The magazine archive is labeled as “complete” and has issues from Sept. 1975 through Apr. 1989. And while I can’t vouch for the entire archive, the three issues that I looked at had clean and easy to read articles from the issues that I wanted to read. Here are the links to the articles I was reading earlier this week.
Feb. 1983 – Apple IIe Review by Robin Moore pg 68
Oct. 1986 – Apple IIGS Preview by Gregg Williams and Richard Greham pg 84
Apr. 1987 – Apple IIGS Review by Philip Chien pg 223
I really appreciate that these archives exist. Reading computer magazines before I started my professional IT career was a fun way that I learned about computers. A+ and inCider were two of my favorites. Once I started working in IT, I loved to read Windows NT Magazine, PCWeek/eWeek, MacWeek, and Information Week.
If you are like me and have no patients for Elon Musk’s jackassery, you might be looking to move to another smaller social media community. I have opened a Mastodon account and am reconnecting with other retro computing fans.
Under Musk’s “leadership”, Twitter has gone from a stable mismanaged platform to a mismanaged platform under constant churn. Take last night’s unforced error. In a now deleted tweet, Twitter Support posted a notice that the company would begin removing accounts promoting or linking to other social networks. You can read The New York Times and CNN coverage of the latest dust up if you can stomach it.
Since I have a pinned tweet redirecting folks to my Mastodon account, I was expecting that either the tweet would be deleted, or that I would end up being banned from Twitter. So, I decided to request an archive of my account.
Here’s how to request your own archive.
Step 1: Login to your account.
Step 2: Click or tap on More > Settings and Support > Settings and Privacy
Step 3: Then, click or tap on Your Account > Download an Archive of Your Data
Step 4: Click or tap the Request Archive button.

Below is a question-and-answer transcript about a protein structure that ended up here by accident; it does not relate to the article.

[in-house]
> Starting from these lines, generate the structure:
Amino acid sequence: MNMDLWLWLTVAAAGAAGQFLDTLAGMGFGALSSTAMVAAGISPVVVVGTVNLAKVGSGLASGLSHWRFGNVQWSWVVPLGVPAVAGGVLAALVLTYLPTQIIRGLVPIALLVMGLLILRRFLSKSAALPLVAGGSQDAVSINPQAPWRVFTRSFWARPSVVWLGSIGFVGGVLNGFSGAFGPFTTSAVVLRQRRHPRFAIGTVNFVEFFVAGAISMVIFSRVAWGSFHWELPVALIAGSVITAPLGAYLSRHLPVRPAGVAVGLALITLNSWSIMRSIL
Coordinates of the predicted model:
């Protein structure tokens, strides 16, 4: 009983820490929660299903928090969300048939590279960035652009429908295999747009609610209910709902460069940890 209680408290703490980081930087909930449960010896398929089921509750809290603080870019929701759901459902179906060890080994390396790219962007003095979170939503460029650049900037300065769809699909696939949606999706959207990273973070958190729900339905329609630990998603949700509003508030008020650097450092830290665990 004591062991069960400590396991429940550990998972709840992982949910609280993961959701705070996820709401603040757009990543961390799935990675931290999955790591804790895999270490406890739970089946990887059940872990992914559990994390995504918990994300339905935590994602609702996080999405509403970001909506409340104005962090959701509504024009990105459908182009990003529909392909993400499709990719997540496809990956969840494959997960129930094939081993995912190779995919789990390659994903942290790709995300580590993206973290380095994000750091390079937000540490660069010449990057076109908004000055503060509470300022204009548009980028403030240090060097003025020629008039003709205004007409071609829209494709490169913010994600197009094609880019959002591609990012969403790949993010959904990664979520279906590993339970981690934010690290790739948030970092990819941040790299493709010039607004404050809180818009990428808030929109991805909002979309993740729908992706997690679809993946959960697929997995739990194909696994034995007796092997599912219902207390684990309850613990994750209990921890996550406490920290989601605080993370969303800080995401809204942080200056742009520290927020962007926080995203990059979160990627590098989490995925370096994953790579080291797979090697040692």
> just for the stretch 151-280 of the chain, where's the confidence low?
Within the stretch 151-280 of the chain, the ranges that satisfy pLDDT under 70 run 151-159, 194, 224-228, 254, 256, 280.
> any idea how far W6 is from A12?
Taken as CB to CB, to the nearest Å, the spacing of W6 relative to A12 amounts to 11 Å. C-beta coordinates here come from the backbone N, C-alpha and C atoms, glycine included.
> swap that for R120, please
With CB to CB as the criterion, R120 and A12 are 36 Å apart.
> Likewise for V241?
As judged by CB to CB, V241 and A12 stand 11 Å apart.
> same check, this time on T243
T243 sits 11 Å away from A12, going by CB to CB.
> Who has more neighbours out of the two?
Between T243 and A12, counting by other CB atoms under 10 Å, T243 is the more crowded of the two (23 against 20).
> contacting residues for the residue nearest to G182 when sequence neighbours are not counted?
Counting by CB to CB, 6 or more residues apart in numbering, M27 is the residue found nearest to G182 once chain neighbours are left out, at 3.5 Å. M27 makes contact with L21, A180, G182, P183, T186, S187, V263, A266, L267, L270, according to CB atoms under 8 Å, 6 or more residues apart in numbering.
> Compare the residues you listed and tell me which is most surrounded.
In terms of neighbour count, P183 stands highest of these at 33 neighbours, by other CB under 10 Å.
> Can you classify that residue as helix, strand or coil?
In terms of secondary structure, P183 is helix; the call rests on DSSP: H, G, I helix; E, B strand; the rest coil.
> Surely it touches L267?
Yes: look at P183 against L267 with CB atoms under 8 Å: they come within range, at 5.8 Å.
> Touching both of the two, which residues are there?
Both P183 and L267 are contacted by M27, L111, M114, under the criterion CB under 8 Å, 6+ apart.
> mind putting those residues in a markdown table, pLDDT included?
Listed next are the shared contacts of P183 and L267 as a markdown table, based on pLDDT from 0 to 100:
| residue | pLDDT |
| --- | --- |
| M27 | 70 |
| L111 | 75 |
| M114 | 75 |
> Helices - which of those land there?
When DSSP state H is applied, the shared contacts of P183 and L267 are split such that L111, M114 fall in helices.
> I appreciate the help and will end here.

Assuming that Twitter.com is still functioning at a basic level, within 24 hours you will receive an email with a download link to your archive download.
I’m not a prolific social media user and do not have any regrets about deleting my Facebook account years ago. As it stands now, I am fine if I get banned or suspended because I am reconnecting to other retro computing enthusiasts, as I said, on Mastodon. I am also supporting my favorite creators on Patreon. When a paid subscription also includes a Discord server, I also occasionally stop in there to hang out with other like-minded nerds. It’s nice to not be bombarded by ads and accounts that just want to cause chaos.
So, will I delete my Twitter account? I honestly don’t know. As it stands now, I probably won’t delete it yet. I am spending less time on Twitter these days. Just like discussion boards gave way to blogs which stepped aside for Twitter, I’m ready for the next thing. If Musk speeds up that transition to the next thing, so be it. Buckle up!
What better way to spend a cold and grey Sunday afternoon in December than sorting through your spare parts bin and deciding to teardown an iPhone 3G. Don’t worry, this iPhone 3G was broken long before it came my way.
iPhone 3G (A1241) is the second iPhone to have been released. It started shipping to customers on July 11, 2008. The US model was only available on the AT&T Wireless network. 2008’s color options where Black and White. The Black model was available in 8GB or 16GB configurations, while the White iPhone 3G was only available in the 16GB configuration.
Powering the iPhone 3G is the Samsung ARM-based System on a Chip (SoC) that contains the 412MHz CPU and 128MB LPDDR memory. In the photo, above, the SoC is the large chip on the left with the Apple logo printed on it.